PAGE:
Tuesday, December 06, 2011

Why Politicos Aren't Shouting Over Lower Jobless Rate, Plus: Shouts Of "Show Us The Prez" At UNM, And: Just What The APD Doesn't Need 

The politicians around here are wary of shouting "hallelujah" over the latest unemployment stats, even though the rate continues to go down. What is also going down and making the jobless numbers look better is the fewer number of people going to work. For example, the state says the four counties making up the ABQ metro had about 374,000 employees in Oct. 2010. Flash forward to Oct. 2011 and the number of employed drops to 372,000. And that explains in part how you go from a metro jobless rate of 8.8 percent a year ago to the 7.0 percent today.

If the politicos start talking up the decreased jobless rate these numbers are going to be thrown back at them, not to mention the anemic growth rate of tax collections, another good indicator of how the economy is really doing,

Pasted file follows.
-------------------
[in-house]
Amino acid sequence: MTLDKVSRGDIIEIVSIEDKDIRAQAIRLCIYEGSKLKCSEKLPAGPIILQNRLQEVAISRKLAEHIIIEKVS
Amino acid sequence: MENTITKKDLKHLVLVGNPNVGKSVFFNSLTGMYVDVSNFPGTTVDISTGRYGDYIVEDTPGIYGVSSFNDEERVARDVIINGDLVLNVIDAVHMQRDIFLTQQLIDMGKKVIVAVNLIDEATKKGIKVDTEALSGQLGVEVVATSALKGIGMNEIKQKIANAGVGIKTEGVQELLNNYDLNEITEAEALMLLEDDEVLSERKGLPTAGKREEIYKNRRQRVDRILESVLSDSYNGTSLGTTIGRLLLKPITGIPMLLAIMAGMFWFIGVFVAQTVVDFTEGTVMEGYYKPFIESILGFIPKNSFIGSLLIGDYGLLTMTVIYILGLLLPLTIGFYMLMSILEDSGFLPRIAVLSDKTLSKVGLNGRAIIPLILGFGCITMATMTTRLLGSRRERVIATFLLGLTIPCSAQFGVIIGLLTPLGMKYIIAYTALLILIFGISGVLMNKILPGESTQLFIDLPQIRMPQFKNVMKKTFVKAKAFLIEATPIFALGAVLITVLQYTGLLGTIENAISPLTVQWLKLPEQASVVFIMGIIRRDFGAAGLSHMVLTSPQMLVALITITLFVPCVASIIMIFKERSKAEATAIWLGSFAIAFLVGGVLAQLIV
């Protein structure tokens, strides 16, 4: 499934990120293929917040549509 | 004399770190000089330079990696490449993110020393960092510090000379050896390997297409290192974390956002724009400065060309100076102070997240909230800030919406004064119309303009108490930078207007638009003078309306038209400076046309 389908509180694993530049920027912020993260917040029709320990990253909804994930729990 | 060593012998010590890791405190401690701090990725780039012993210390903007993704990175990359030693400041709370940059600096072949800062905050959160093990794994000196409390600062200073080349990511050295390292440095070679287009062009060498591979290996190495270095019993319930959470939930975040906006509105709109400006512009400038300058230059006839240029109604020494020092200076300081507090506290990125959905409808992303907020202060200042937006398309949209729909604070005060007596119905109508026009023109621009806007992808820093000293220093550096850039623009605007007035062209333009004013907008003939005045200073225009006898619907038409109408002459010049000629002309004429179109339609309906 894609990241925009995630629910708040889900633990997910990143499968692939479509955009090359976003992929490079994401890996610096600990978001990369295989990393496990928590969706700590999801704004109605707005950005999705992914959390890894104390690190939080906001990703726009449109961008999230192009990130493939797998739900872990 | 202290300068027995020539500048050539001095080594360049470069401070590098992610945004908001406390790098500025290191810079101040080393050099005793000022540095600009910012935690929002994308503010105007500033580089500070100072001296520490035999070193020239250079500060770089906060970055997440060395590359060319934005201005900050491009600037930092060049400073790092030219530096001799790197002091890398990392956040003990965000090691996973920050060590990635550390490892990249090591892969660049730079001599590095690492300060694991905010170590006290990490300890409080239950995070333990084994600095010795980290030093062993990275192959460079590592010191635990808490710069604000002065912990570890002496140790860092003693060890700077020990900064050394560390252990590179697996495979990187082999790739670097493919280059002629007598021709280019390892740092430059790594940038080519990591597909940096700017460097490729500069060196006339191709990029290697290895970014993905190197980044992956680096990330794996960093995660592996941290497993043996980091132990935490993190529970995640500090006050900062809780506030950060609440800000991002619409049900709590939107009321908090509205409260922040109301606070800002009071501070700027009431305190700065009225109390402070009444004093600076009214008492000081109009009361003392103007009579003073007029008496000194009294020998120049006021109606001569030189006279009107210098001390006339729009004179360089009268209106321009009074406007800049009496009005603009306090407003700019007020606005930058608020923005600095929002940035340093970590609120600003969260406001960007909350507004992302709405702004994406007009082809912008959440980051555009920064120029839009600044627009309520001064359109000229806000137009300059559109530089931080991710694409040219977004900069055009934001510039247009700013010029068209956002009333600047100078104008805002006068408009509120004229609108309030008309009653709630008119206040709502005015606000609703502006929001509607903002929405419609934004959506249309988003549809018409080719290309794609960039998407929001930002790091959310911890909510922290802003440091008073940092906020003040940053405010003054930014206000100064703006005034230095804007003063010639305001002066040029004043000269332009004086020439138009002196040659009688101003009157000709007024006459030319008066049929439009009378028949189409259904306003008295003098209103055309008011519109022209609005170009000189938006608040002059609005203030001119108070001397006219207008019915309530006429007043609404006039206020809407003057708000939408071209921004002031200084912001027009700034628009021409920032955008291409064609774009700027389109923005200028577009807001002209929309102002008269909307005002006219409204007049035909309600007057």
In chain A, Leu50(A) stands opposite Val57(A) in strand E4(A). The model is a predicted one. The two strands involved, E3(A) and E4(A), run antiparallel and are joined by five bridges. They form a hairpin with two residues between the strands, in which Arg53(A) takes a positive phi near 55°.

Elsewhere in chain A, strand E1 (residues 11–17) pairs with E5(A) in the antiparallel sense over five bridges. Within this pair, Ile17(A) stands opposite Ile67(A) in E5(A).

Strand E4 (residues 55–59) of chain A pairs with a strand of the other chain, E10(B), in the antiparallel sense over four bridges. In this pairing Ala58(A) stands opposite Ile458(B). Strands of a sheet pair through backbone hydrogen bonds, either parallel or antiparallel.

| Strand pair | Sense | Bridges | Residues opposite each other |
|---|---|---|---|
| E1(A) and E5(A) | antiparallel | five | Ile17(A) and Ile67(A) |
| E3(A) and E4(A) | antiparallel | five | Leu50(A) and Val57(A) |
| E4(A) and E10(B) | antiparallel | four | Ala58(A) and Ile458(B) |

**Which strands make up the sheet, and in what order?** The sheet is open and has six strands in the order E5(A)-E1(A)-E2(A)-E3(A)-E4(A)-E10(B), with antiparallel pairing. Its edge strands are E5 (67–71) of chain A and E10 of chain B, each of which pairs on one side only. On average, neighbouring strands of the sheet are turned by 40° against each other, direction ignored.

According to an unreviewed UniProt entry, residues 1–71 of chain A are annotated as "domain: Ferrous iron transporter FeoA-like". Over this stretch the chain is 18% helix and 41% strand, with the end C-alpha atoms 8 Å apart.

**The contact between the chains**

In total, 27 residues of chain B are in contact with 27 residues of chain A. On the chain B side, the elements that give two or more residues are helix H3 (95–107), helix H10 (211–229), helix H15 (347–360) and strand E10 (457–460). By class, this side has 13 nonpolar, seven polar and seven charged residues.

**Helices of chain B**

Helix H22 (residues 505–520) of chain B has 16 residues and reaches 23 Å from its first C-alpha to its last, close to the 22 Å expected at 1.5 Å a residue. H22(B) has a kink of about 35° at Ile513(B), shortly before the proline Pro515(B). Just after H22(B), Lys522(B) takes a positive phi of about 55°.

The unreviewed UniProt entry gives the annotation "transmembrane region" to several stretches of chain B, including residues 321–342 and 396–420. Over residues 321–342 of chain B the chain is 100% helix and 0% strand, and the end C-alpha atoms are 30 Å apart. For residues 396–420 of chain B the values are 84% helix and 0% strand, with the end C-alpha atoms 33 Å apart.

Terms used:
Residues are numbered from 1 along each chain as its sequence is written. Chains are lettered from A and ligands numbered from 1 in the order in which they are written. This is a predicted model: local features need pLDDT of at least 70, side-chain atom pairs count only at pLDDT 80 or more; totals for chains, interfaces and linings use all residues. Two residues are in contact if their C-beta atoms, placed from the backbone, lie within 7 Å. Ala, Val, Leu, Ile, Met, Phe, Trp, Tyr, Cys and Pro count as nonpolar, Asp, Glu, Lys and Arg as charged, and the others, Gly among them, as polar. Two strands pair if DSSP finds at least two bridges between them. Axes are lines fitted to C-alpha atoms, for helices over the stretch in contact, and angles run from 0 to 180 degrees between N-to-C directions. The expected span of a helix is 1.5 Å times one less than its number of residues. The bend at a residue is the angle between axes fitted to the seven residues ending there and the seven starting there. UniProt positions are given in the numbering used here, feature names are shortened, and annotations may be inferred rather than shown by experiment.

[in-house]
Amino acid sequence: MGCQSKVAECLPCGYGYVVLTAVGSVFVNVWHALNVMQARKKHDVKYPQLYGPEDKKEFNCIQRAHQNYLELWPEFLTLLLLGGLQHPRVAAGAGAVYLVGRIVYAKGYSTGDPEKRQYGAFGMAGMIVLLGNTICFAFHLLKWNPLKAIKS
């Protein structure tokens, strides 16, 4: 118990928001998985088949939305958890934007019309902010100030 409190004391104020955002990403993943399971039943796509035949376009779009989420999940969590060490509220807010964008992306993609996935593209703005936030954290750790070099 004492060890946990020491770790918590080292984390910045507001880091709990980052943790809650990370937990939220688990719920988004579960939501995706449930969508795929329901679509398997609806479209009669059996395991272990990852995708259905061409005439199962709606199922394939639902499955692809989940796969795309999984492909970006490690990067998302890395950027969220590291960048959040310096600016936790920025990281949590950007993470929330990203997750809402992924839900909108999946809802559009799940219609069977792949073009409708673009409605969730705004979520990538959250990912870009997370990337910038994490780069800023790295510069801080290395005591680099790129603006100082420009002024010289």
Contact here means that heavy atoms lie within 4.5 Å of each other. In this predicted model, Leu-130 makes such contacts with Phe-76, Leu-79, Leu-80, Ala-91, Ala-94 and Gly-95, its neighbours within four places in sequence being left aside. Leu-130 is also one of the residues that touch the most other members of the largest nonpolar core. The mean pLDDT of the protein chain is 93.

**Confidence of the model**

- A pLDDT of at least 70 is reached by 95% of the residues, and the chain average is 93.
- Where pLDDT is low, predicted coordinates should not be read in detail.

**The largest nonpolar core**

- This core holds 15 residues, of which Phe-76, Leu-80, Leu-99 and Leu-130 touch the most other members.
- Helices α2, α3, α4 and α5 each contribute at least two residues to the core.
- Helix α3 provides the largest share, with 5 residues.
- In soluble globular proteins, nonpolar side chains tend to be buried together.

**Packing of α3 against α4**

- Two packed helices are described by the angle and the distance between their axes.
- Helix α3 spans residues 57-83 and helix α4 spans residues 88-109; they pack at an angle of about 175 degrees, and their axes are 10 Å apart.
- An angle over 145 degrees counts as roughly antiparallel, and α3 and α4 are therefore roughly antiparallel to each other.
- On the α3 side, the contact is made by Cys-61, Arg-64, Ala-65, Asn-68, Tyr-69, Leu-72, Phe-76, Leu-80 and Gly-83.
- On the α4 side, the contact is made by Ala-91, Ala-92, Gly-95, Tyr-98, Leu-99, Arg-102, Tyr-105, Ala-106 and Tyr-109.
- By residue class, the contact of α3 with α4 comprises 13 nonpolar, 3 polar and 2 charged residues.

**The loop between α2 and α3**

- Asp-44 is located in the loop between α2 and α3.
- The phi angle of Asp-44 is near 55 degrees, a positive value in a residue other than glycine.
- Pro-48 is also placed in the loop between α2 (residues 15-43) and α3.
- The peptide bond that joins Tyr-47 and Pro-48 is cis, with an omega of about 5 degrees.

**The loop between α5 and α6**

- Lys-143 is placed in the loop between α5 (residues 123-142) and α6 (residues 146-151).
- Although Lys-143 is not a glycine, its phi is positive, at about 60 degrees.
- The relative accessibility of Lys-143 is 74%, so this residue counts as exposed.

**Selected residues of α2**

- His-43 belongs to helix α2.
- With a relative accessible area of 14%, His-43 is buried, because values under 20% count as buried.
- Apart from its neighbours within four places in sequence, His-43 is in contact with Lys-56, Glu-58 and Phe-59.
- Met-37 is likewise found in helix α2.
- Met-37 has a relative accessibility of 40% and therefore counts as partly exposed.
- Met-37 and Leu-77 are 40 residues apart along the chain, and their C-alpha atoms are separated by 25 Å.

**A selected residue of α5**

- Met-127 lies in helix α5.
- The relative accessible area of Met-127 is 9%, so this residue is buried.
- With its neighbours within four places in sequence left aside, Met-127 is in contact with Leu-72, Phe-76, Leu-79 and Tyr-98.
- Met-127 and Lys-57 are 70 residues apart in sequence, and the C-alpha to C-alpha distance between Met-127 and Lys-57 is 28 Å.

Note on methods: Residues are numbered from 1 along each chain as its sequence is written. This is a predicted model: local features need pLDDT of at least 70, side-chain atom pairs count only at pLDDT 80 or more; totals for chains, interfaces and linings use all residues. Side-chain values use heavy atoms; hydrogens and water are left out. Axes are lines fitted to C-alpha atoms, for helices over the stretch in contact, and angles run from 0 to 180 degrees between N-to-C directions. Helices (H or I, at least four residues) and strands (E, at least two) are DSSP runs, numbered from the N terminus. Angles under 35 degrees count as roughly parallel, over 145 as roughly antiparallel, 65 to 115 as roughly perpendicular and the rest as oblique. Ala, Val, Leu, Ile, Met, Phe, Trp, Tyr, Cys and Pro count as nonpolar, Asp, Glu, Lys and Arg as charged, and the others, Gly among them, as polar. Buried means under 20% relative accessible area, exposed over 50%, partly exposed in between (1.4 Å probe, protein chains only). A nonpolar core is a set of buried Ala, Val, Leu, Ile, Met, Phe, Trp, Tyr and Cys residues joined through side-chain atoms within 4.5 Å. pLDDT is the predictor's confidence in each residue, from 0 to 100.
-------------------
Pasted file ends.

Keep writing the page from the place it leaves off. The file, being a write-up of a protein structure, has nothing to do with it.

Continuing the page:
This is especially tricky for Governor Martinez. She would like to take credit for a statewide jobless rate that was at 8.8 percent a year ago and has since dropped to 6.6%. But then she would have to explain why so many unemployed have given up or left the state. In fact, her own NM Republican Party came with a missive decrying the recent drop in the national jobless rate, citing the shrinking work force--not real jobs gains--as the main reason for the national decline.


The construction Depression continues to carve a devastating path through the metro. The latest:

Commercial construction is an endangered species in the city, while home building is at the level of 1991.

Former Mayor Marty Chavez often describes ABQ as the driver of the state's economy. Well, right now it's been driven into a ditch. The oil and gas fields are carrying the state.Why won't Santa Fe give us a tow and come with a meaningful capital outlay plan to spark a recovery here?